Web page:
Being a criminal doesn’t pay. Neither does being smug. Martin Shkreli was both. The son of immigrant janitors rose from humble beginnings in Coney Island to land a job on Wall Street at 17, start a hedge fund, a biopharmaceutical company and become arguably the ‘Most Hated Man in America’.1 Oh yeah- and inmate #87850-053, as a result of an incredibly spectacular fraud case.2
Martin Shkreli is considered brilliant by many. So much so that he launched his first hedge fund at age 23. That makes for a story in itself, but that’s not what made him so unusual.
We’ve profiled lots of flawed geniuses in our Masters of Fraud series. Except for maybe the Wolf of Wall Street, few displayed Shkreli’s level of arrogance. His immature antics, especially in front of a congressional hearing, won’t soon be forgotten.
Shkreli also created a social media firestorm with his videos (until Twitter suspended his account), often accompanied by his trusty cat, Trashy. The rants ranged from big pharma to Hillary Clinton’s hair to rap music. In fact, Shkreli even bought a one-of-a-kind Wu-Tang Clan album for a reported $2 million and claimed he would never listen to it.
Shkreli’s fund, MSMB Capital, was marketed to investors as a true ‘hedge’ fund, using both long and short positions to mitigate market risk. Still, this strategy isn’t foolproof. The losses on a short side can be, theoretically, unlimited which can overwhelm profits on the long side. Unfortunately for investors, MSMB Capital suffered such an outcome.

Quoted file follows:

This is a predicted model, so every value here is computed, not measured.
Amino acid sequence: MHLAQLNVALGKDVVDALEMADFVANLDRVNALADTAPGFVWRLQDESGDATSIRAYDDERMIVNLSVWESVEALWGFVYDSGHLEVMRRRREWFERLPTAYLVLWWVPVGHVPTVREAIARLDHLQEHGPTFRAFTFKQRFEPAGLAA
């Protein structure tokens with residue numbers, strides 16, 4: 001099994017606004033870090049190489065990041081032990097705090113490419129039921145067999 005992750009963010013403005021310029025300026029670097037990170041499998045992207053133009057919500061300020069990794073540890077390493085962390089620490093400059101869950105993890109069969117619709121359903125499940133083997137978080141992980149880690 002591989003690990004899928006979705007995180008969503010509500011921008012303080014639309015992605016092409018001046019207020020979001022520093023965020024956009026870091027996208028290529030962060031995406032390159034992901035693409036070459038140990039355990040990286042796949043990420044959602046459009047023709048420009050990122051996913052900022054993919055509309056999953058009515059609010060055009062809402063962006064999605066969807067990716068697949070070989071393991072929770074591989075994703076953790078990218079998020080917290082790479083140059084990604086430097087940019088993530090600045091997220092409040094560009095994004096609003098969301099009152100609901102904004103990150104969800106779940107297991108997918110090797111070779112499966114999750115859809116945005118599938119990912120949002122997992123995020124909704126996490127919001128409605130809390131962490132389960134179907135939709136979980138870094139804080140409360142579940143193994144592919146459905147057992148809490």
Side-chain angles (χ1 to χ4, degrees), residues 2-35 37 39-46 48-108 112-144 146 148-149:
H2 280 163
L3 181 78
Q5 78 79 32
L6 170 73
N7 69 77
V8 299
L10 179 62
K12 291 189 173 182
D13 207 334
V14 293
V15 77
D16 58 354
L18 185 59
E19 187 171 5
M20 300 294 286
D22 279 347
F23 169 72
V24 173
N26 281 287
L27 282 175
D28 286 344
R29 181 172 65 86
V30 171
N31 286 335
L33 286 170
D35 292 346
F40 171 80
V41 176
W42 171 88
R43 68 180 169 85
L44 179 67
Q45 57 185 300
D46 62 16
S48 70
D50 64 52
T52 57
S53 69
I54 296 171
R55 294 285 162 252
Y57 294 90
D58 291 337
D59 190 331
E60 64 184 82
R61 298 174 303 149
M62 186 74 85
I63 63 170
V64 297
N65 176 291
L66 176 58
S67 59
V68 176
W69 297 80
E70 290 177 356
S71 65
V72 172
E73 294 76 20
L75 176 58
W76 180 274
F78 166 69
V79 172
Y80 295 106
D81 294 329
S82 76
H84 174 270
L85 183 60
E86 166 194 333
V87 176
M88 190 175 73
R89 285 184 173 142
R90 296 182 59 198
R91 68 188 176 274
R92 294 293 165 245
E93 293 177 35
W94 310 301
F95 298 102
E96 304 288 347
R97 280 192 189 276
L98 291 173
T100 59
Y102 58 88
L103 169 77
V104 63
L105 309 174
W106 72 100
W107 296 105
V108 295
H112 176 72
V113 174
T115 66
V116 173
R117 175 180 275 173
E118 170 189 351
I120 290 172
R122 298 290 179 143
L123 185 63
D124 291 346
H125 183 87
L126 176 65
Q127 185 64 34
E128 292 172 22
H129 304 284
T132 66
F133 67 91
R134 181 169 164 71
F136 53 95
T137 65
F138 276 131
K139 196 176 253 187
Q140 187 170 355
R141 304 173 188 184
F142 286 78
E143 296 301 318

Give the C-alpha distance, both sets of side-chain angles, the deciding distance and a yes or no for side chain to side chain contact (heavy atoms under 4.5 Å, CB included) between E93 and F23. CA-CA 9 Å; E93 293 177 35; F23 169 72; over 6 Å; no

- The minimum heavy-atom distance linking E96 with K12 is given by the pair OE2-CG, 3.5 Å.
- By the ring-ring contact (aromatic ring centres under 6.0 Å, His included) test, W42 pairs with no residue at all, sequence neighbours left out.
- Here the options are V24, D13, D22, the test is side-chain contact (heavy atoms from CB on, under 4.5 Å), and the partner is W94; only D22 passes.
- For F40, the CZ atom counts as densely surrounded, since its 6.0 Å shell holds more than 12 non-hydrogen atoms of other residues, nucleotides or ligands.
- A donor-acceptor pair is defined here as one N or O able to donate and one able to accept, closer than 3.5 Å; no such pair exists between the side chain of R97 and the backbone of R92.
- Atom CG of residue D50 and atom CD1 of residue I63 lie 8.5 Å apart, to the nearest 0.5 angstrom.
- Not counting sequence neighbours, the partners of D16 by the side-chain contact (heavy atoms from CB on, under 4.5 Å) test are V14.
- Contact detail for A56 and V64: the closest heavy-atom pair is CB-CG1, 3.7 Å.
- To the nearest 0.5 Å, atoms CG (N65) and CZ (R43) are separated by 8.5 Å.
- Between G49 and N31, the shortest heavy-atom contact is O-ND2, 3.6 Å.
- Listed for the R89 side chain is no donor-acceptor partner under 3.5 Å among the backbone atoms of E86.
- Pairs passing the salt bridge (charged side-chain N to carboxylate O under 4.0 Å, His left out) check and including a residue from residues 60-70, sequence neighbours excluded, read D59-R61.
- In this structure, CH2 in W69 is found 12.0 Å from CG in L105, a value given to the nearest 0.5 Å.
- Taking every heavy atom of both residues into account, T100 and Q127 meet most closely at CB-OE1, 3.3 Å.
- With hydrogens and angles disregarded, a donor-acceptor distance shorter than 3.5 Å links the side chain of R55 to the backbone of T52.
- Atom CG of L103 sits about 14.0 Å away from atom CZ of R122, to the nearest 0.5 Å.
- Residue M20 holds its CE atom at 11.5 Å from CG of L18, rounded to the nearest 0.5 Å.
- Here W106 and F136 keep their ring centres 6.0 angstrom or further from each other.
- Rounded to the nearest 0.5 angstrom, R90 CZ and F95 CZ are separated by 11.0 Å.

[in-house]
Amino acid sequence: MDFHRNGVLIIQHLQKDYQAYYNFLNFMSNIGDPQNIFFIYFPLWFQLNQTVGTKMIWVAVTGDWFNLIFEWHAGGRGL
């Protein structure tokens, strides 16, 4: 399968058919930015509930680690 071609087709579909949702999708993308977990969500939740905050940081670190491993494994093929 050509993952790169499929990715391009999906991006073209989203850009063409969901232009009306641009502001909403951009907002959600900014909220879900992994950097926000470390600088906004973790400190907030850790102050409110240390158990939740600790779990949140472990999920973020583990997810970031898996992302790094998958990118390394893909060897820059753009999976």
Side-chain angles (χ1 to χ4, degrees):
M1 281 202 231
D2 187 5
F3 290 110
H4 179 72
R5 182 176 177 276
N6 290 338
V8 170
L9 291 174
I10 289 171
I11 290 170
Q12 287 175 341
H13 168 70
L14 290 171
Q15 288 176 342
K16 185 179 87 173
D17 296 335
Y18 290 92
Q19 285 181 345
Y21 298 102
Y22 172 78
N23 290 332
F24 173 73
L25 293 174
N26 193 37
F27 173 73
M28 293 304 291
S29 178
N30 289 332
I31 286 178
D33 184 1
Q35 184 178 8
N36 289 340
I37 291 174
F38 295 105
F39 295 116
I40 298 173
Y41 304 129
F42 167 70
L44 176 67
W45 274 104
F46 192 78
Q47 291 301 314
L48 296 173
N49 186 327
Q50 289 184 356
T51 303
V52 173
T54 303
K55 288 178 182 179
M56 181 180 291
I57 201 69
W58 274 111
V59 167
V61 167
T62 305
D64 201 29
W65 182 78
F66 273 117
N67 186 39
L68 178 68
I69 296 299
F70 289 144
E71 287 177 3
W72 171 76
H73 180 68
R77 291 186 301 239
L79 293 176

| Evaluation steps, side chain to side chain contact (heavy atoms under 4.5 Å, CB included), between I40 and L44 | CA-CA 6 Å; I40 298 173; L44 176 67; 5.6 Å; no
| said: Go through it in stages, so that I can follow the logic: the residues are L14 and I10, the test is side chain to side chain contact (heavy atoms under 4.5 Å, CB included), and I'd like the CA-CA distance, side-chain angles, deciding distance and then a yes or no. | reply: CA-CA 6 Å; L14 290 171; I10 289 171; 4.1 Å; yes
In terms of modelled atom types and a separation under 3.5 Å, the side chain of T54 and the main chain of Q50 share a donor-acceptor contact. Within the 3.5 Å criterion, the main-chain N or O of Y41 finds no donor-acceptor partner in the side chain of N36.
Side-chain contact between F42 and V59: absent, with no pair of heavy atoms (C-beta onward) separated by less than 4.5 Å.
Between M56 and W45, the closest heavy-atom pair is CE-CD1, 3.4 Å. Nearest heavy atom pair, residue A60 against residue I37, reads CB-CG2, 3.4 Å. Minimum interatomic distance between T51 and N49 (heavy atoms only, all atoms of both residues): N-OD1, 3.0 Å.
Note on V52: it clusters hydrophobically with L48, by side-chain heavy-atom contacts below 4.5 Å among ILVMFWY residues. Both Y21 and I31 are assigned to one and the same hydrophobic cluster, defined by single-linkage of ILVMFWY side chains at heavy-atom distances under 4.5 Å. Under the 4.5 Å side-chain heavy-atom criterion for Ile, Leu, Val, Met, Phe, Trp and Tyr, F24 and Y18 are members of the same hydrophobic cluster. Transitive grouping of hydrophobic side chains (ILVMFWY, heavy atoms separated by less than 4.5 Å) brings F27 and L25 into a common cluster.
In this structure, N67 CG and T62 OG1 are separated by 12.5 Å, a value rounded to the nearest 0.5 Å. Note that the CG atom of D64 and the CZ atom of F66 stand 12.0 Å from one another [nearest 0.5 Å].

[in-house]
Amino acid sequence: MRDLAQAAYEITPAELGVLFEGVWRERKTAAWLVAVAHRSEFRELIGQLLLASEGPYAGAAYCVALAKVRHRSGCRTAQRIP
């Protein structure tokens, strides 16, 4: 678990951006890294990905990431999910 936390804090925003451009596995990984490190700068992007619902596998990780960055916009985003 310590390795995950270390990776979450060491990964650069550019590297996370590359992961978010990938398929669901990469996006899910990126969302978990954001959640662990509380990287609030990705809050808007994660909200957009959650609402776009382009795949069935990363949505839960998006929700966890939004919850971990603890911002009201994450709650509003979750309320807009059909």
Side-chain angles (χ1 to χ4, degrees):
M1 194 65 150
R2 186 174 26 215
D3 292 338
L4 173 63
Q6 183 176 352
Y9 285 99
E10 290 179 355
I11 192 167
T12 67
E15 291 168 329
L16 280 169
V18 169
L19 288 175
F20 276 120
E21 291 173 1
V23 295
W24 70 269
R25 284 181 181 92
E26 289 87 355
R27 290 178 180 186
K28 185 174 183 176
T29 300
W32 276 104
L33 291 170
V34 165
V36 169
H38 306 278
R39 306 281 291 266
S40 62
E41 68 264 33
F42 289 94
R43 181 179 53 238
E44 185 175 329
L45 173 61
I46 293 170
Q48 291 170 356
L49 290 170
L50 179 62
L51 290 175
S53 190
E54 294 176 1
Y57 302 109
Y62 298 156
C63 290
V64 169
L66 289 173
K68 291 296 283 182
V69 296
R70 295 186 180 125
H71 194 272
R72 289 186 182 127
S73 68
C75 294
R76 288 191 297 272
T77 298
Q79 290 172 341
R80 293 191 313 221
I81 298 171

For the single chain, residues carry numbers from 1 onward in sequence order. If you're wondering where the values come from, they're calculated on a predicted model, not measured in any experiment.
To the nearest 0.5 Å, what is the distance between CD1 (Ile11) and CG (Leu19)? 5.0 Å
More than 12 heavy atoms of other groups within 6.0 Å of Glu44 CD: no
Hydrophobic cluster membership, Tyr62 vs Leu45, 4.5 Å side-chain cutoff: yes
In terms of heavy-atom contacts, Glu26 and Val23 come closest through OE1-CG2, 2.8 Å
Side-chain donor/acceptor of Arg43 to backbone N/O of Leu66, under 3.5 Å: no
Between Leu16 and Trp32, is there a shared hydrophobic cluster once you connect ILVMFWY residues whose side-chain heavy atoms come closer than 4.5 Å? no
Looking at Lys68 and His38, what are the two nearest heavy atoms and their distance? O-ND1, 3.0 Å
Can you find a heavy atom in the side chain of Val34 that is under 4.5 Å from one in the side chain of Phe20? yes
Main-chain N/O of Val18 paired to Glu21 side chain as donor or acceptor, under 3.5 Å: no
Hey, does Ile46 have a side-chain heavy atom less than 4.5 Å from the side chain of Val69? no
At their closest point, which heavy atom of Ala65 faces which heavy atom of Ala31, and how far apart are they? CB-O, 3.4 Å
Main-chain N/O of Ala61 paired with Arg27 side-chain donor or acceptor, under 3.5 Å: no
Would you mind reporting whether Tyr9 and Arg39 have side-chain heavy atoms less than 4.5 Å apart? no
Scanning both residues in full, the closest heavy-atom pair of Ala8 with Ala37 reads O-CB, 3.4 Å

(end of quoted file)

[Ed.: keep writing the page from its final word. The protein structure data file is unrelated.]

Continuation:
Shkreli executed a massive short sale on drug company, Orexigen. Through his executing broker, Merrill Lynch, Shkreli sold short 11 million shares, betting heavily against the small biopharma company.4 With an 11 million share trade, a move against him of just a couple points in the stock could essentially wipe out a fund of MSMB Capital’s size.
But it turned out Shkreli didn’t actually have the money to pay for the trade in the first place, so Merrill was forced to buy back (‘cover’) the shares. The illiquid stock subsequently rose, imploding MSMB and costing Merrill roughly $7 million, which Shkreli was on the hook for.5 Shkreli hid the loss from investors and even employees.
The SEC alleges Shkreli overstated past performance record and assets under management to investors of MSMB Capital.6 And when fund redemptions were requested by MSMB Capital investors, Shkreli would move money between funds to cover claims.7
The Retrophin Chapter
Shkreli had yet another idea-taking a biopharmaceutical company public. Retrophin took a back-door approach to an exchange listing known as a reverse merger.8 In such a transaction, the company typically merges with an existing, yet dormant shell company that’s already listed on a lower-level exchange, like the NASDAQ ‘Bulletin Board’ or “pink sheets”. It’s a way to avoid the lengthy and costly IPO process but is usually reserved for more speculative names.
Once public, Shkreli allegedly began using some of Retrophin’s equity to again pay off MSMB Capital investors. Retrophin payments were inappropriately labeled as ‘consulting’ fees paid to the MSMB investors.9 Eventually, Retrophin’s Board of Directors fired Shkreli (even though he founded the company and was CEO).
Financial Crime and Punishment
For his offenses, prosecutors at the Department of Justice eventually charged him on 8 separate counts. Shkreli was found guilty on three of the eight charges, 2 counts of securities fraud and 1 count of conspiracy to commit securities fraud.10 These had to do with his dealings with investors and his hedge funds.